Changes afoot for public rights of way

Tony Gosling tony at
Sat Jun 23 21:00:23 BST 2012

Changes afoot for public rights of way
May 15, 2012 | Filed under: News | Posted by: Editor
New proposals to modernise the process of 
recording rights of way, developed in 
consultation with groups such as the Ramblers and 
Country Land and Business Association, have been 
unveiled by Environment Minister, Richard Benyon.
Plans are expected to cut the time taken to 
record a right of way by as much as several 
years, so that routes set to be lost in 2026 can 
be preserved. All unrecorded footpaths and 
bridleways created before 1949 cannot be recorded 
after 1 January 2026. This ‘cut off’ date by 
which to claim these historical rights of way was 
set in the Countryside and Rights of Way Act 2000.
As well as making it easier for walkers, horse 
riders and cyclists to protect unrecorded rights 
of way, the proposed system is expected to save 
almost £20 million a year by cutting needless bureaucracy.
No changes are being made to the protections for 
rights of way; rather proposals have been made to 
make the process of recording or changing them more efficient.
Landowners’ applications to move a right of way 
will continue to be approved only if they do not 
affect the public’s enjoyment of it, in which 
case it will be more straightforward for landowners to see them through.
Under logical new plans, paths and trails that 
are used by the public will be easier to protect, 
whilst redundant routes and unsubstantiated 
rights of way claims will be prevented from 
getting in the way of farming and business interests.
Environment Minister, Richard Benyon said: 
Footpaths, bridleways and trails are the 
life-blood for many rural communities, providing 
access to our world-renowned landscapes. Our 
changes will help protect access for the 
thousands of people who walk, ride and cycle in the countryside every week.
Protecting and improving access to the 
countryside is the latest in a programme of 
Government measures to grow the rural economy. 
These routes have huge benefits to the health and 
wellbeing of those that use them and can help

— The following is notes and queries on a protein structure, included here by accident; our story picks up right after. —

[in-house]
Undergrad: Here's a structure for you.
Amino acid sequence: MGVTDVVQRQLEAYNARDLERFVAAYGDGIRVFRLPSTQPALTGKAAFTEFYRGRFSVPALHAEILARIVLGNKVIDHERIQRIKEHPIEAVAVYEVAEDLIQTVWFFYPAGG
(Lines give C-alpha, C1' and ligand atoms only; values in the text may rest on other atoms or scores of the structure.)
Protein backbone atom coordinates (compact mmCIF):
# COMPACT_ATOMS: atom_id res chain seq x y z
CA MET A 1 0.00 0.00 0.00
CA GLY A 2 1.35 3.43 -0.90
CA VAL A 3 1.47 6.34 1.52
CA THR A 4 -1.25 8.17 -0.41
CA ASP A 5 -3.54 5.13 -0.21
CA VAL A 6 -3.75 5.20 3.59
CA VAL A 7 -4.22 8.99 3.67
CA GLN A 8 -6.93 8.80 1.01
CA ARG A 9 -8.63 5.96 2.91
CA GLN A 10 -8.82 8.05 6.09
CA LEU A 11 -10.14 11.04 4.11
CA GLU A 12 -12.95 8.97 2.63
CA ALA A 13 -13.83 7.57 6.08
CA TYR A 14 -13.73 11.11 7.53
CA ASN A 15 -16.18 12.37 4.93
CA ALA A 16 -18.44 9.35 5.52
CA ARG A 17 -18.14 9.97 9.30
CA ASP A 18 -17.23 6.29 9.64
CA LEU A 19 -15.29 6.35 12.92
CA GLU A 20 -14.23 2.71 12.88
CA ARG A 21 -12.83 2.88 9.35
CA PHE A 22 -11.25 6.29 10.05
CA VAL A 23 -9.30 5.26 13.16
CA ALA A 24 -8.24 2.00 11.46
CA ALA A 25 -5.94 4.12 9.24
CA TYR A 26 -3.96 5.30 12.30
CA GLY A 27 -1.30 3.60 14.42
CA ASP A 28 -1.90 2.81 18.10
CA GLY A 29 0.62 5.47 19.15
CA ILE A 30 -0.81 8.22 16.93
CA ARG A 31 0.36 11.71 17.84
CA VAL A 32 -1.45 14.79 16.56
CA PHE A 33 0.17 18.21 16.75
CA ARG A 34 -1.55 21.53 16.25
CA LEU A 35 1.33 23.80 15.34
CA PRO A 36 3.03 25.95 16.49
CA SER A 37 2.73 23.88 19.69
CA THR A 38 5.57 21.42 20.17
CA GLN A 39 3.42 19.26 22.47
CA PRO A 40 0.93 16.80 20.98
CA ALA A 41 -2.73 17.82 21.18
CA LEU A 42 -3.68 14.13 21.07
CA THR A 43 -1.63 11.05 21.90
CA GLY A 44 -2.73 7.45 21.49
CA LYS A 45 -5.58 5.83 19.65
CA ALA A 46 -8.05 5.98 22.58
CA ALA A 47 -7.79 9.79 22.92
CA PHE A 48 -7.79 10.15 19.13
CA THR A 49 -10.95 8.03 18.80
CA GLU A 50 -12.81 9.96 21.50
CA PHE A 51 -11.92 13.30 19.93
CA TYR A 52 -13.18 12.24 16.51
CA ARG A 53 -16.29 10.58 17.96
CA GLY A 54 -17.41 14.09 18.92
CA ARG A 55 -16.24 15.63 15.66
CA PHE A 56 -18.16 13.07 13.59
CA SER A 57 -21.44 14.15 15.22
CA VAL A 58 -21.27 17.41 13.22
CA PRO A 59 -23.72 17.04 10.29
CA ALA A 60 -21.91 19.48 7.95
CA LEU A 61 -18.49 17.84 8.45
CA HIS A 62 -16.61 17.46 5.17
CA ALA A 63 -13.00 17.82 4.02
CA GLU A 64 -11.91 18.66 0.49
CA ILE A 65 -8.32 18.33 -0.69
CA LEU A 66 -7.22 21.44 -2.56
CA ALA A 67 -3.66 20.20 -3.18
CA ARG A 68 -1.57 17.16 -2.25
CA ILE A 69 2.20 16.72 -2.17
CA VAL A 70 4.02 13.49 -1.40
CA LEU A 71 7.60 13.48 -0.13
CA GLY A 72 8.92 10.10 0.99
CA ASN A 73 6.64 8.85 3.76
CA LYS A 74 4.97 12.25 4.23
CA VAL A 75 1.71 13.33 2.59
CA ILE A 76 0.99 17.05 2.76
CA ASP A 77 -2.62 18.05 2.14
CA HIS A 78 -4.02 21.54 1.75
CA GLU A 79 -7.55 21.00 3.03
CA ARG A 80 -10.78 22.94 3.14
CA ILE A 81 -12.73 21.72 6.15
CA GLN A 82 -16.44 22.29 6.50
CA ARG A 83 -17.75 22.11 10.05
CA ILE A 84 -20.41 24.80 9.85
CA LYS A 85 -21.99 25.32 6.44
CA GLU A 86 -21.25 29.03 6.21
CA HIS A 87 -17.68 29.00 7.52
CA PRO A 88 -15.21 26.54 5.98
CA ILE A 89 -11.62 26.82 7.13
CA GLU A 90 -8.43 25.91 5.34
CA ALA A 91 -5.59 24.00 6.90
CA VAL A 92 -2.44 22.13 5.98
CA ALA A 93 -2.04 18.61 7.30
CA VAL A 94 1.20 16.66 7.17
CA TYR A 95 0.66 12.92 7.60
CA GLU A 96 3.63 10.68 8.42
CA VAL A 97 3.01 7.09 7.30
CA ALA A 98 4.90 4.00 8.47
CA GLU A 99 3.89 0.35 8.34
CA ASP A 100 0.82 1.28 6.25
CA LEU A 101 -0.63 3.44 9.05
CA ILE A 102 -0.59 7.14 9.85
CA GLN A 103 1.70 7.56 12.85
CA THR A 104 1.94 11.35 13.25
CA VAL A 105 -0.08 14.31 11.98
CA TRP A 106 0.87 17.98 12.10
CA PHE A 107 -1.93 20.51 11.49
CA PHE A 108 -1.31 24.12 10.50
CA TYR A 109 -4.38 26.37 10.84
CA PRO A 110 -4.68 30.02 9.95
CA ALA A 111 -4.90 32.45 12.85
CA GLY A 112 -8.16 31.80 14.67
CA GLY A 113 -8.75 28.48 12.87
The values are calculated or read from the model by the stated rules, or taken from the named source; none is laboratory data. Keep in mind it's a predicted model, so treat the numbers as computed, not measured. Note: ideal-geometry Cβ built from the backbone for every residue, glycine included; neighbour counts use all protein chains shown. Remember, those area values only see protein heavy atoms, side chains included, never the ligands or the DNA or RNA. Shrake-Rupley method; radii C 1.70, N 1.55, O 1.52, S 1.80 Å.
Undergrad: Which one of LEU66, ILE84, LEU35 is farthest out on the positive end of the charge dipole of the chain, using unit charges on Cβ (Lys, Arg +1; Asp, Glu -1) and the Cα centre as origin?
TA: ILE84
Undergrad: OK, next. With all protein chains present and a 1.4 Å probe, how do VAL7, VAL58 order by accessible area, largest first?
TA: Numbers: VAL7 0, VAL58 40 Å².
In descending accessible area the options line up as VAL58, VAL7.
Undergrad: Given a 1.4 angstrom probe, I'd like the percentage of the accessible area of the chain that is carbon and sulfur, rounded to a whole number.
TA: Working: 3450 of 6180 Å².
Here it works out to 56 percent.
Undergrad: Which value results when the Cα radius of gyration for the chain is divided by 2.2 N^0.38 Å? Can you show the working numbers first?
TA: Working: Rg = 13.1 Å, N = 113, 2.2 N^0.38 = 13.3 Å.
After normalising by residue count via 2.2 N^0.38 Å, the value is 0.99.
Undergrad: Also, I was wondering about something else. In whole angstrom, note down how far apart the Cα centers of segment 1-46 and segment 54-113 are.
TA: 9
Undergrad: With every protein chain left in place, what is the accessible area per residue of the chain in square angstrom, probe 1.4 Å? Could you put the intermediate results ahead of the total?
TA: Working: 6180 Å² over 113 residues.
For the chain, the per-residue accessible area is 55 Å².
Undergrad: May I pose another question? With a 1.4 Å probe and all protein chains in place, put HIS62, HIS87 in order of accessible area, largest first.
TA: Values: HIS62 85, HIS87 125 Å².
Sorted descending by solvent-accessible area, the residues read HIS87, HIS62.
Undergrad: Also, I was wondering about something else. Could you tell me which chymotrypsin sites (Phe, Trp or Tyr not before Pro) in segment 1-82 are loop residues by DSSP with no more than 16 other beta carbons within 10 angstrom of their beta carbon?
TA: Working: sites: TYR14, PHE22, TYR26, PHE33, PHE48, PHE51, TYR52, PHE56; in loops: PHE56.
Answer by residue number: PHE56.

stimulate the local economy, bringing in more visitors to enjoy rural areas.
A £2 million grant fund has opened for 
applications from local communities today to 
improve access to rural areas in ways that will grow the regional economy.
The Paths for Communities initiative is part of 
the Government’s £165 million Rural Economy 
Growth Review announced in November 2011. Local 
volunteer groups are invited to bid for funding 
to create new rights of way or increase the 
accessibility of existing ones. This may include 
making rights of way accessible for horses and 
bikes, improving way marking, creating maps and 
making better links with local transport services and tourist destinations.
The proposals in the rights of way consultation 
are based on recommendations from a Stakeholder 
Working Group, which issued the following statement:
We welcome this consultation package, which 
builds on the Stakeholder Working Group 
recommendations, and are keen to continue to work 
constructively with the Government throughout the 
consultation and implementation process.
Andrew Willoughby of the Harrogate and 
Knaresborough ramblers associated commented:
As Ramblers footpath secretary for Harrogate and 
Knaresborough I will now have to study this legislation in detail.
But legislation is not the problem. There are big 
problems with public rights of way, and we need 
action to improve the thousands of paths 
obstructed by fences, crops and lots of other obstructions.
Putting time and money into this legislation does 
not overcome the real problem of obstructed 
paths, which is due to a lack of commitment and 
funds at County Council level, not due to legislation.
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